Forty years since right-wing military generals swept socialist President Salvador Allende from office, Chile remains as divided as the day the bombs fell on La Moneda, the Chilean presidential palace.
In 2013, amid renewed social movements, the first presidential election since the coming in of the first right-leaning administration following the country’s return to democracy, the events of September 11, 1973 are as relevant as ever before.
Few Chileans were left untouched by the coup. Hundreds of thousands were killed, tortured, exiled or simply “disappeared” during the coup and the 17-year military rule that followed it. But even those born after the 1990 transition to democracy live under the shadow of General Augusto Pinochet.
The legacy of dictatorship is present in almost every facet of the country’s political and economic institutions, down to the very constitution that underpins it: its economy is rooted in the regime’s drastic free-market reforms; politics confined by the electoral system it pioneered; and schools, hospitals and pensions administered according to the model the constitution imposed.
To this day in Chile, that legacy remains disputed—even as thousands of protesters link stark economic inequalities to the years of military rule, others affiliate them with the country’s overall financial success.
But though the horrors of the military regime continue to haunt Chile, despite the fact that its political, economic and cultural reverberations continue to this day, change may be in the air.
For the first time, those involved in the military regime—many of whom, far from being punished, have gone on to positions of further authority—have begun to publicly address the issues of their past. The Chilean mainstream media is candidly addressing the dictatorship’s human rights abuses in a way it rarely had previously done. The issue of constitutional reform is forefront in the presidential race.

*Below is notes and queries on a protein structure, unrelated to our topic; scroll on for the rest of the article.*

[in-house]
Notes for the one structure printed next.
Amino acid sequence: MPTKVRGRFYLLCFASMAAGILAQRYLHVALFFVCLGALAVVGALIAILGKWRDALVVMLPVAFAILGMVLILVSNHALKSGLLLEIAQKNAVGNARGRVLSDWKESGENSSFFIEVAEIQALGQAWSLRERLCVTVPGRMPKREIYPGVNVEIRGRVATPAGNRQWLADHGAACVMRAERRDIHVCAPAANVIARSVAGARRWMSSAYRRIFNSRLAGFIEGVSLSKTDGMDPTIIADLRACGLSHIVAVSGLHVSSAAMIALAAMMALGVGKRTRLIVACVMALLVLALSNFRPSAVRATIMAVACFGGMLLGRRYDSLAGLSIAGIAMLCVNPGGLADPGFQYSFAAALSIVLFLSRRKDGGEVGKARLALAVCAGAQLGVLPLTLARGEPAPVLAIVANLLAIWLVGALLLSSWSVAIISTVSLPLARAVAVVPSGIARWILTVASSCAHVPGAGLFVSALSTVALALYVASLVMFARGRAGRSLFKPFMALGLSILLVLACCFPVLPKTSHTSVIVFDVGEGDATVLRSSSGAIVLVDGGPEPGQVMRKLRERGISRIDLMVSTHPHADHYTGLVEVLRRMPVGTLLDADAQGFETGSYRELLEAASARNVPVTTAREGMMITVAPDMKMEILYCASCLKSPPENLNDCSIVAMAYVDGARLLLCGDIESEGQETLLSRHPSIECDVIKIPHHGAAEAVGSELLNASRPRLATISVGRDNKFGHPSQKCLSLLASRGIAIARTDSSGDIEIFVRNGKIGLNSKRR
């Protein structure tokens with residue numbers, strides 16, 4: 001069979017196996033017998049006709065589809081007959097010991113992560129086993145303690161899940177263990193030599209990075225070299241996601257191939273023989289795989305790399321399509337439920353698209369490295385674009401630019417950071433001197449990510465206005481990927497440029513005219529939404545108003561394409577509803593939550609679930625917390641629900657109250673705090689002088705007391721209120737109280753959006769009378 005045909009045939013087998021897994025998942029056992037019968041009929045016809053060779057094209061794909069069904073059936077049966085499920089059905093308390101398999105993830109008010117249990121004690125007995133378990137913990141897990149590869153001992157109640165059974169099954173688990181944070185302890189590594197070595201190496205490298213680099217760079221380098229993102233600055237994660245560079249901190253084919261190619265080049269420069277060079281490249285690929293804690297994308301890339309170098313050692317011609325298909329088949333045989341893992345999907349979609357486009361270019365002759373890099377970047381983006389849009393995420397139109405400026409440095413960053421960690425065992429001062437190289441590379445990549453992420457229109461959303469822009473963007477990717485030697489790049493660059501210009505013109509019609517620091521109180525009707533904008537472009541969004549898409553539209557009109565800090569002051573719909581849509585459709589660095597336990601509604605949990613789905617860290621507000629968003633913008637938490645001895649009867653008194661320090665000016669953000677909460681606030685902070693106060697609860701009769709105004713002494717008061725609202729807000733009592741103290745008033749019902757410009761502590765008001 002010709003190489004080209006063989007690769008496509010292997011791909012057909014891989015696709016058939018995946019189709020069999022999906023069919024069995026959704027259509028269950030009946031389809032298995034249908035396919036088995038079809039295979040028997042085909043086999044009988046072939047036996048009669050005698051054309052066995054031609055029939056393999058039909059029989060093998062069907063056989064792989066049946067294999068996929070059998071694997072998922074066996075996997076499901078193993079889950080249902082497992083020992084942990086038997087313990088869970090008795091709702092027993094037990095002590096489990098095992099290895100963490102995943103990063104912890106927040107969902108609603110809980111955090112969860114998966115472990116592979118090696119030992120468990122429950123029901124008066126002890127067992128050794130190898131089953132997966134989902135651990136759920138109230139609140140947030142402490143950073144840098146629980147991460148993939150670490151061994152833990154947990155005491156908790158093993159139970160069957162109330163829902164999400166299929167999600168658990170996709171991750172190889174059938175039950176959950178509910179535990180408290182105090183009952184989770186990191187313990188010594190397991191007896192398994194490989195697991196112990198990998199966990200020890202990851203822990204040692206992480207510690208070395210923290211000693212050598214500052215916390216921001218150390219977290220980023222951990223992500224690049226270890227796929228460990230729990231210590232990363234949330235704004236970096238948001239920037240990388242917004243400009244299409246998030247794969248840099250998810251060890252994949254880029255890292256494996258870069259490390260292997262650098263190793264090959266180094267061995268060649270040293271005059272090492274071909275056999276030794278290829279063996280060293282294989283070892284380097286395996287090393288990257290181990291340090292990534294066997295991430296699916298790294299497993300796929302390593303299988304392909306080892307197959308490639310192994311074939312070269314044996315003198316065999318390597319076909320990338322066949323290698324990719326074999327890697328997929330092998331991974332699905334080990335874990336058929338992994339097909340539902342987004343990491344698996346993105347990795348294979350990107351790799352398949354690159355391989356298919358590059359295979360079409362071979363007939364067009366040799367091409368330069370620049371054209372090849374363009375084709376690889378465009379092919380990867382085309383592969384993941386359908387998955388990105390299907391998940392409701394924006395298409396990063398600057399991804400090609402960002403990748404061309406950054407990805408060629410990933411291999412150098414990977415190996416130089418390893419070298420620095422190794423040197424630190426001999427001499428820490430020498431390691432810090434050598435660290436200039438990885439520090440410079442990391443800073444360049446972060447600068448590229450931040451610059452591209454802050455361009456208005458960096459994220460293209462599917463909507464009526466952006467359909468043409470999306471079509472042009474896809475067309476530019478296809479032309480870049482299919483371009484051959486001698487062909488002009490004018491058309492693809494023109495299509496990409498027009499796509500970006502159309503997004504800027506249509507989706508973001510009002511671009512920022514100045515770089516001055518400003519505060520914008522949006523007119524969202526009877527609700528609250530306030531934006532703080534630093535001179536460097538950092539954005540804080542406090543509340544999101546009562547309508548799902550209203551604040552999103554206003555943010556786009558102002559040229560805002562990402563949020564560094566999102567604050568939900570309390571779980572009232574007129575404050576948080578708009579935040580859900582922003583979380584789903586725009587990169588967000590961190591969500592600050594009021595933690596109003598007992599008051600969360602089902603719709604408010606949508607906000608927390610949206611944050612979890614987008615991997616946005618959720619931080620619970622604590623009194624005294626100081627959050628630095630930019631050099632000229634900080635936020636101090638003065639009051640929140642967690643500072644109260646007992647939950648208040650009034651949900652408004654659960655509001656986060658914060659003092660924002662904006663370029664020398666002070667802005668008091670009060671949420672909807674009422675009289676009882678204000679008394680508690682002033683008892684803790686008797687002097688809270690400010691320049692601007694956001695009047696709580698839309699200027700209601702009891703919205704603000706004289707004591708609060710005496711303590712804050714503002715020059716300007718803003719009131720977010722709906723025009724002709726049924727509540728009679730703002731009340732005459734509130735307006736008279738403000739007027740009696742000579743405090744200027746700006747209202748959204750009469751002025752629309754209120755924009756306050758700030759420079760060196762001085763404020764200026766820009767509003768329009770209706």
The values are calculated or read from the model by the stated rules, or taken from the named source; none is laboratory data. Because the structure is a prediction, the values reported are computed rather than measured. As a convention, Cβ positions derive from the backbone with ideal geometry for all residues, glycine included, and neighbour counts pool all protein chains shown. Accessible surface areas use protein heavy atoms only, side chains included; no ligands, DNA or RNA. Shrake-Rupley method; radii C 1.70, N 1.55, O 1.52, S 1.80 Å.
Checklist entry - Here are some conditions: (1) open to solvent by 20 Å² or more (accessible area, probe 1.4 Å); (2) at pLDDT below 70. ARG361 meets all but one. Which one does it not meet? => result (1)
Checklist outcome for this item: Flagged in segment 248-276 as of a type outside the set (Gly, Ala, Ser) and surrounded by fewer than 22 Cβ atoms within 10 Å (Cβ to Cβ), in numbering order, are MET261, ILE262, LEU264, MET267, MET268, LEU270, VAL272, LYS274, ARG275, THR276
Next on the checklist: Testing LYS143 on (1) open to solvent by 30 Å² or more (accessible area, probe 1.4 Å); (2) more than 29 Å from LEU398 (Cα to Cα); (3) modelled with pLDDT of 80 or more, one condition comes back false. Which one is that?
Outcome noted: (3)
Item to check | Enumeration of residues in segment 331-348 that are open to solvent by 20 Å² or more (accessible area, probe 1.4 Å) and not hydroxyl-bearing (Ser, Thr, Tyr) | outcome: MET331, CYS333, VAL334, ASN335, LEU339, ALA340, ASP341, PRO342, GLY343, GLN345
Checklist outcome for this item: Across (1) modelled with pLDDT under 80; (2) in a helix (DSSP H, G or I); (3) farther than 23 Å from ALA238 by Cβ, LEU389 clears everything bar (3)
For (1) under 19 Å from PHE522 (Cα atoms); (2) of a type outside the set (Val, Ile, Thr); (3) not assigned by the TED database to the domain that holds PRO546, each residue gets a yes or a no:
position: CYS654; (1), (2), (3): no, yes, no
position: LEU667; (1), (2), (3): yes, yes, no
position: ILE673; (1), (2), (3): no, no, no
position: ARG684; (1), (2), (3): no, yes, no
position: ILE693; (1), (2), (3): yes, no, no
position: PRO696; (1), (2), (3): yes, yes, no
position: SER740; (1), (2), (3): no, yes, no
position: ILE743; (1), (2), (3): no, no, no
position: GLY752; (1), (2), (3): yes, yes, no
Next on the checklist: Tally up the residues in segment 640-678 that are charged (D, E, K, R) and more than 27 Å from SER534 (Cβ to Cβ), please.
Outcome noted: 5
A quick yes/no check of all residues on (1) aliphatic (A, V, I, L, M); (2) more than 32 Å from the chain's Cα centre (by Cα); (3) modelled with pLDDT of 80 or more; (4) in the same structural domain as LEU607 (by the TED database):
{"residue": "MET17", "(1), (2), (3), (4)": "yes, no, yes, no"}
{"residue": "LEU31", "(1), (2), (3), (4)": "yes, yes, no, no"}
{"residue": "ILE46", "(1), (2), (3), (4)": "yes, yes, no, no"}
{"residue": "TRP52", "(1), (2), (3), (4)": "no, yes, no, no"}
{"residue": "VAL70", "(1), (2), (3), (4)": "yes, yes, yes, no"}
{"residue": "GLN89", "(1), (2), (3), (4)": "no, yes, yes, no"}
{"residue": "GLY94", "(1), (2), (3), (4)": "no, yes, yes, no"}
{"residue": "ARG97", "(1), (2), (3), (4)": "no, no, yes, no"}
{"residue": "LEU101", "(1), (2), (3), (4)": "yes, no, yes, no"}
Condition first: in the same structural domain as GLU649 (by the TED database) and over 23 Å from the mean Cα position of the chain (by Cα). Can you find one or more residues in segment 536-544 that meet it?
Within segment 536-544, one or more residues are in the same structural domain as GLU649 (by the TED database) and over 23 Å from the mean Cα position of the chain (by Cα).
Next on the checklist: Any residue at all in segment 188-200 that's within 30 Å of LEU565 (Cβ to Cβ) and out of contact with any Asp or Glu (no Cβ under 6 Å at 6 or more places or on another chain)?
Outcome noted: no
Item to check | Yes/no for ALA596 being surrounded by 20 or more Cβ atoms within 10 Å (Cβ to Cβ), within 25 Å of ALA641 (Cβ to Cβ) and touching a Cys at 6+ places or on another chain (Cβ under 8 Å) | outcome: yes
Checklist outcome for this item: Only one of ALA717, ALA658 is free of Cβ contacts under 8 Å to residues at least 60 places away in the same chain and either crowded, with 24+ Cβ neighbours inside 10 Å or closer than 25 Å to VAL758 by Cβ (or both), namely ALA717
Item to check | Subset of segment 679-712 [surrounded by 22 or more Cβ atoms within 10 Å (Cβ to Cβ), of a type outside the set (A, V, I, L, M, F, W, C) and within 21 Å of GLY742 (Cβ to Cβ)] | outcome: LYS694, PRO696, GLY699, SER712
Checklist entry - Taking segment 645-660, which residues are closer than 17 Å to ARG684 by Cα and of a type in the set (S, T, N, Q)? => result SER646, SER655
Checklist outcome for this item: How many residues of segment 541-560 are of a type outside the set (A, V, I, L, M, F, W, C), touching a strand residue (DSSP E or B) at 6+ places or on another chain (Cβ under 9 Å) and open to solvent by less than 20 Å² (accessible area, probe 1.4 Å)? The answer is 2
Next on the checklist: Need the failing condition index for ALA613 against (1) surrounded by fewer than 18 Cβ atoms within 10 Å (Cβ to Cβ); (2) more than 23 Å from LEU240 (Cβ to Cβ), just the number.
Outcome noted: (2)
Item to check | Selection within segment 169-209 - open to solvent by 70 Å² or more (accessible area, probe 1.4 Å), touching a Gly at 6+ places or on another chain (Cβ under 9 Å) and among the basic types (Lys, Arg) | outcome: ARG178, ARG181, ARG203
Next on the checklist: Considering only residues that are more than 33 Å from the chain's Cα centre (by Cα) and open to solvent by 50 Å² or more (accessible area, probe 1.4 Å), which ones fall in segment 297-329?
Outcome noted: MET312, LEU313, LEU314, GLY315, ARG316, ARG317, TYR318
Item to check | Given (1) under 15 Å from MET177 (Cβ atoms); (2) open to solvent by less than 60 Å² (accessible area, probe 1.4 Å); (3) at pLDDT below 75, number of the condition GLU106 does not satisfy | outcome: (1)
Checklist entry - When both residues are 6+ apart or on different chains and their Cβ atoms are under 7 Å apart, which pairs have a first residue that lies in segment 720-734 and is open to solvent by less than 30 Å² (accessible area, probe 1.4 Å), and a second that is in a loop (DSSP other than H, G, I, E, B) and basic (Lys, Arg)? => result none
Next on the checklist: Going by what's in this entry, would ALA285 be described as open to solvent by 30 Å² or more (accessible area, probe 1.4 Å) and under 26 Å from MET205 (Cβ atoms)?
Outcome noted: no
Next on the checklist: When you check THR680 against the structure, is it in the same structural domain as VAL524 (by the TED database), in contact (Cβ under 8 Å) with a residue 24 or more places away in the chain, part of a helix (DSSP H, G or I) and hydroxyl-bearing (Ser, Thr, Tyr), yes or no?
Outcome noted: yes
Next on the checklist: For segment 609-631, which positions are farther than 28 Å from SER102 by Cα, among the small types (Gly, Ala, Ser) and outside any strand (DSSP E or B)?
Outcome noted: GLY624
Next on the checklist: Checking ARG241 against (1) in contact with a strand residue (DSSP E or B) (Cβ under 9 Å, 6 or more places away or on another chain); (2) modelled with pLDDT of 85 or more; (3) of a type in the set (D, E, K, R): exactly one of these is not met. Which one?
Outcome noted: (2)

Much more needs to be addressed—and acted upon—before the wounds of the dictatorship can be healed and the stark divisions in Chile reconciled. But with dialogue finally beginning to open on the subject of human rights and a presidential campaign gearing toward full swing this year, 40 years after the coup that so drastically altered the course of a nation, Chile finally has the chance to put the horrors of September 11, 1973 behind it.
Despite transferring presidential power to democratically elected Patricio Aylwin in 1990, General Augusto Pinochet’s reign as military ruler and dictator (1973-1990) remains a controversial topic among the Chilean people. It then came as no surprise that the lead-up last week to Sunday’s screening of “Pinochet,” a sympathetic documentary paying homage to the army general, led to significant public backlash.
“Pinochet” aims to outline political context leading up the 1973 military coup and focus on the positive outcomes of the consequent 17-year rule. Over 1,000 people attended the screening at Santiago’s Teatro Caupolicán on Sunday, including politically conservative invitees from the United States, Spain, France, and Argentina. As the opening credits appeared on screen that bore the title of the dictator’s surname, the audience erupted into empathic applause.
Protest groups lobbied to have the screening banned, calling for the federal government to clamp down on what they see as implicit approval of the human rights violations that were committed across 17 years. More than 3,200 people were murdered or disappeared during Pinochet’s rule, while 37,000 cases of torture and illegal imprisonment have been documented.
“In Chile, state-sponsored terrorism existed, torture existed, forced disappearances and executions existed, along with the systematic violation of hundreds of Chileans for over 17 years. We can’t allow a tribute to this,” human rights activist Alejandra Arriaza decried last week.